Date of Award

1-12-2012

Degree Type

Thesis

Degree Name

Master of Arts (MA)

Department

Psychology

Abstract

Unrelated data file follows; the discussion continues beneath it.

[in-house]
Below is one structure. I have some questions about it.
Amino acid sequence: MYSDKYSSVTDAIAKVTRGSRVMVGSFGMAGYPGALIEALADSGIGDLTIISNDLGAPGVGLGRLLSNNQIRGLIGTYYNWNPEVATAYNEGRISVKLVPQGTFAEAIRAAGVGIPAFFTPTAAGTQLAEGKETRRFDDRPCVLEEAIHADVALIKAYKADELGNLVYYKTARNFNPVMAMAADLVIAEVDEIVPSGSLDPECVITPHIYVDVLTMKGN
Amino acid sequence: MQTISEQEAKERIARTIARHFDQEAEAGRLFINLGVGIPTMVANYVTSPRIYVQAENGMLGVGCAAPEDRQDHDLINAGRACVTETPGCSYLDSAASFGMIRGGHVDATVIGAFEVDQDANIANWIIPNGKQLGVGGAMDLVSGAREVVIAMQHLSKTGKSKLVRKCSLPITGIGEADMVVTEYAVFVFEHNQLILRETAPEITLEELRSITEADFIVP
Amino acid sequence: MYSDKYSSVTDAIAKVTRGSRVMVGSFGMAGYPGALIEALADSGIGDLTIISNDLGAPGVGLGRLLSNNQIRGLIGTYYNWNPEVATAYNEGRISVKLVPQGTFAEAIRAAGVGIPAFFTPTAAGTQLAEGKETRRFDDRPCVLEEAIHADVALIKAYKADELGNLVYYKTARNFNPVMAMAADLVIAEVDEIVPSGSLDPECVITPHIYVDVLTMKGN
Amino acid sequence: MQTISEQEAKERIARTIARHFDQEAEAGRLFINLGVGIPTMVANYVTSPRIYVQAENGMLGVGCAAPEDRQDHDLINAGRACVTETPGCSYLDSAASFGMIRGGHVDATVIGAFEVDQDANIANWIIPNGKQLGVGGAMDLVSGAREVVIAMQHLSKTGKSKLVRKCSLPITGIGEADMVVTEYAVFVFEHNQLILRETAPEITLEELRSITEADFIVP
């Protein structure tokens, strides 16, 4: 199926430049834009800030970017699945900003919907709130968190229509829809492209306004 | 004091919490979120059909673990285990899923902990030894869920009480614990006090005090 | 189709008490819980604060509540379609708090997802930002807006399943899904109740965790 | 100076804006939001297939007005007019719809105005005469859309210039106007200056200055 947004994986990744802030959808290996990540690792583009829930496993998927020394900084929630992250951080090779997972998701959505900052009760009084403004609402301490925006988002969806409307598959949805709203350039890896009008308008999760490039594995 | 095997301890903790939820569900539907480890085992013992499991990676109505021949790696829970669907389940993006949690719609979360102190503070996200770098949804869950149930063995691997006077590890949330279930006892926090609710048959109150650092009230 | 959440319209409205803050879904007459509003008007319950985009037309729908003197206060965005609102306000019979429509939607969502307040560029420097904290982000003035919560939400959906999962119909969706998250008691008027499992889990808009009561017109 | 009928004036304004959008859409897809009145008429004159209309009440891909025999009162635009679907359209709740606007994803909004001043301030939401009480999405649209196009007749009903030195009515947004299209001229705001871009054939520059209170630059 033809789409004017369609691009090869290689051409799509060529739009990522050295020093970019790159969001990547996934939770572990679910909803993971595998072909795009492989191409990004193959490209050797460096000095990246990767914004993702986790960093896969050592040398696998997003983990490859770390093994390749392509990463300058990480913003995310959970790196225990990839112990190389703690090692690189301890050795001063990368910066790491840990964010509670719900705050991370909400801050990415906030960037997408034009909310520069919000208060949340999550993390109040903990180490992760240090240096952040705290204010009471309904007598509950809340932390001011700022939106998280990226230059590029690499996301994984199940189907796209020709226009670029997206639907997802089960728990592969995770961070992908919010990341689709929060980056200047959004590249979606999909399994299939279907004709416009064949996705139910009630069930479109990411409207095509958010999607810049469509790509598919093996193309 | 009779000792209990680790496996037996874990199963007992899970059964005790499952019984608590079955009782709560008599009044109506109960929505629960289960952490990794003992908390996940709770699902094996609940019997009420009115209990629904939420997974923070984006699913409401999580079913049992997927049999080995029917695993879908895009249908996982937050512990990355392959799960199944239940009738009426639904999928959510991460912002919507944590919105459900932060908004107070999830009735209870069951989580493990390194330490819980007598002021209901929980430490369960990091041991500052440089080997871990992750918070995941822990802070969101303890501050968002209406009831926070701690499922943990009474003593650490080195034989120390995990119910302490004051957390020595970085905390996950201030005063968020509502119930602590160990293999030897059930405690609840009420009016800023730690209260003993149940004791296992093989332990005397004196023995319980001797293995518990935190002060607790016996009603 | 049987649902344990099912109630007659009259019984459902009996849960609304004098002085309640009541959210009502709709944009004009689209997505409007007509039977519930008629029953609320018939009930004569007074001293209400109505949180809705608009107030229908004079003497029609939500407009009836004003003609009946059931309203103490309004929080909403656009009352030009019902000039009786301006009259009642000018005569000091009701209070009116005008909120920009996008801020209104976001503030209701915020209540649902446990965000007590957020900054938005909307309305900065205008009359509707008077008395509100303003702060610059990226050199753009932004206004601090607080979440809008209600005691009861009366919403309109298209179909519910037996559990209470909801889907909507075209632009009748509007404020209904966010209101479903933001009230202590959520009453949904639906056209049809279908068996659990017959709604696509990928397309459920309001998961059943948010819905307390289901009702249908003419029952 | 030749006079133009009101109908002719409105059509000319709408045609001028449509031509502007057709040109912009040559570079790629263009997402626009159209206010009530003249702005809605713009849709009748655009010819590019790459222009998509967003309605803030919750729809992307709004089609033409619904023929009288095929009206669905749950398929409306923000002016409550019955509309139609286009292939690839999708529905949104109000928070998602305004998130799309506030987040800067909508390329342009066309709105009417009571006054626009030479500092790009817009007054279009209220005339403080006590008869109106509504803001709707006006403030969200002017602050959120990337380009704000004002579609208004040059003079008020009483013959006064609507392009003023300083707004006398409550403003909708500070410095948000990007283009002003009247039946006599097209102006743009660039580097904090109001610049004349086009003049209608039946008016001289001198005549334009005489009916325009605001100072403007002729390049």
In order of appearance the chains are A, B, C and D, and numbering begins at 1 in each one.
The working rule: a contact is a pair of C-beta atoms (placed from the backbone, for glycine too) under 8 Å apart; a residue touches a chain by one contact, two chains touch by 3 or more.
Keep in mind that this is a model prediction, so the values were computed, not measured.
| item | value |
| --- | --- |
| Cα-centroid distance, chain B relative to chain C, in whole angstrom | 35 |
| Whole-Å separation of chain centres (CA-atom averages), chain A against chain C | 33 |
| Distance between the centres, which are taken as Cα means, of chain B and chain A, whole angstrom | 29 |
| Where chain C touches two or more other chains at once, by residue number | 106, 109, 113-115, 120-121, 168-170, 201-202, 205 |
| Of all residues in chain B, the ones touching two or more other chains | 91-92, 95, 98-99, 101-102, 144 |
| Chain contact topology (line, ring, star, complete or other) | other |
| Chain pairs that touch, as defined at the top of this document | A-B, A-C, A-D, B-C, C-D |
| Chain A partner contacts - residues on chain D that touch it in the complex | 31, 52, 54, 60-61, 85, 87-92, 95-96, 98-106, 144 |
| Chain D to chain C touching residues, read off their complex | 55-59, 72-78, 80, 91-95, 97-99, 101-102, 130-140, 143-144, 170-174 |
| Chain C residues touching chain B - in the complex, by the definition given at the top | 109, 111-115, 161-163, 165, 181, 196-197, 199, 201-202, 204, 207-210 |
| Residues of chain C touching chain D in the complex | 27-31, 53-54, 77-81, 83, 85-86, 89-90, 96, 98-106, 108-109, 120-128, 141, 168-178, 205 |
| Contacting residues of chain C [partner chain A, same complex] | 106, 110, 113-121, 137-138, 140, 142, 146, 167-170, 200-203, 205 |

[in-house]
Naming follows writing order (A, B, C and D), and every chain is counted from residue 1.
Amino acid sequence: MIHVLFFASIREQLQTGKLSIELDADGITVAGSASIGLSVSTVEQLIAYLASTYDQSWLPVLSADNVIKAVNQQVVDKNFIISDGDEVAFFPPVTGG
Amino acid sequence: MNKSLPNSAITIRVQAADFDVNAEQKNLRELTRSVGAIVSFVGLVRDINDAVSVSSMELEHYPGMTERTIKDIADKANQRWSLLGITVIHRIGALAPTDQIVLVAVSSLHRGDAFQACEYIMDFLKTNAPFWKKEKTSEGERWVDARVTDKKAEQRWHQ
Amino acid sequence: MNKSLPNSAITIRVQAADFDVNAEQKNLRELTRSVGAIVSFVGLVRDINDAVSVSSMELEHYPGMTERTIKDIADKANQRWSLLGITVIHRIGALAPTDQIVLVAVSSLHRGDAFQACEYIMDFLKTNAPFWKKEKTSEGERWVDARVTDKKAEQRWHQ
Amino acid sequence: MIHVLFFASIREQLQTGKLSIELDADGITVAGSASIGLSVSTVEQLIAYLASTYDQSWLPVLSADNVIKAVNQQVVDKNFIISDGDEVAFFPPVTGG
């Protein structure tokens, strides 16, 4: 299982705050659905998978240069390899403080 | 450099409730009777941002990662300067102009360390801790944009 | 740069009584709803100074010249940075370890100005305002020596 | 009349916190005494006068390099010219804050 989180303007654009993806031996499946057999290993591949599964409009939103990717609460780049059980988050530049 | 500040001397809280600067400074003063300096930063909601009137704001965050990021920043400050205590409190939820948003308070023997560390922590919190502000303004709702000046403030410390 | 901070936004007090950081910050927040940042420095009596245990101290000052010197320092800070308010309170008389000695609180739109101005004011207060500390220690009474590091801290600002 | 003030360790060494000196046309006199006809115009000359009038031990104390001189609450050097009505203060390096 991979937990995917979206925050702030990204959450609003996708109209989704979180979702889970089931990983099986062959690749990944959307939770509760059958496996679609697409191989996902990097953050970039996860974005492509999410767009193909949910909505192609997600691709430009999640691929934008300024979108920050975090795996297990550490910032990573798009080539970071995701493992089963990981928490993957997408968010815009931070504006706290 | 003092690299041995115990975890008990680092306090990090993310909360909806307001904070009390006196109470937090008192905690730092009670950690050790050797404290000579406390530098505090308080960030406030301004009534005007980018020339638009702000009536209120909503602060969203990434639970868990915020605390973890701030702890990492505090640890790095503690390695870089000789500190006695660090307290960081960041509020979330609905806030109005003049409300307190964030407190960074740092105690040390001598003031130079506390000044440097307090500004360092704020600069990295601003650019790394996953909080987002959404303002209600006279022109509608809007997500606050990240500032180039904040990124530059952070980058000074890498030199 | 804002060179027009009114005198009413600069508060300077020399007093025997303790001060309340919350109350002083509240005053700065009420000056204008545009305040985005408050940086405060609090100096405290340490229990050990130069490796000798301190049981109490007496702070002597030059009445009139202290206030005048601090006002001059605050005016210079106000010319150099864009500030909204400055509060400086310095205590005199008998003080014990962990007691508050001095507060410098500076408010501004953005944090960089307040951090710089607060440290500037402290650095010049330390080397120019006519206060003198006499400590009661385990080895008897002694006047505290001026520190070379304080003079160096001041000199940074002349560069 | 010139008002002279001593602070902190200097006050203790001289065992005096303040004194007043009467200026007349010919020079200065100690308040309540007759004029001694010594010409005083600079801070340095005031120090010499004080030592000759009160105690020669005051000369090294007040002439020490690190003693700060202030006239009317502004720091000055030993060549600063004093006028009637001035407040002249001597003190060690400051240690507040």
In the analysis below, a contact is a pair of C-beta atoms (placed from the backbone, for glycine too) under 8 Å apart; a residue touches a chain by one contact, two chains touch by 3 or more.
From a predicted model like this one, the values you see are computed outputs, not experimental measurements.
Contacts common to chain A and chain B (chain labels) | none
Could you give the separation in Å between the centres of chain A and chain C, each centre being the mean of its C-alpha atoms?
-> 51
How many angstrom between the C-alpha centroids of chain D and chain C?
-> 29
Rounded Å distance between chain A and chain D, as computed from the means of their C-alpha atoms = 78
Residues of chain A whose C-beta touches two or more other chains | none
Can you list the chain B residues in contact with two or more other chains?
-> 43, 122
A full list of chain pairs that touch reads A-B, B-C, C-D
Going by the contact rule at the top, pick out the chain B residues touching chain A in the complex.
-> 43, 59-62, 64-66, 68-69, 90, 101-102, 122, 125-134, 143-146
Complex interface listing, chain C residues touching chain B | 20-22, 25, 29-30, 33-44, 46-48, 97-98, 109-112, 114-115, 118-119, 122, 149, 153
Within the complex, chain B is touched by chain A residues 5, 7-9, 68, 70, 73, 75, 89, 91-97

There are a growing number of youth in residential care who are dually diagnosed with a mental health disorder and developmental delay. By using function-based interventions, individuals' problem behaviors may be addressed without requiring a higher level of care. An alternative strategy to a functional analysis is to use a concurrent operant preference assessment (COA) to determine the individual's preferred consequences and allow appropriate interventions to be developed based on the preferred consequence and potential function of the challenging behavior for the individual. The clinical utility of a COA procedure to increase latency to compliance with daily living skills with youth dually diagnosed in a residential setting was evaluated using a multiple baseline across subjects design. Results showed that the use of potential reinforcers determined by the COA increased compliance with daily living skills with all 5 participants. Additionally, these skills were maintained at a 2 week probe.

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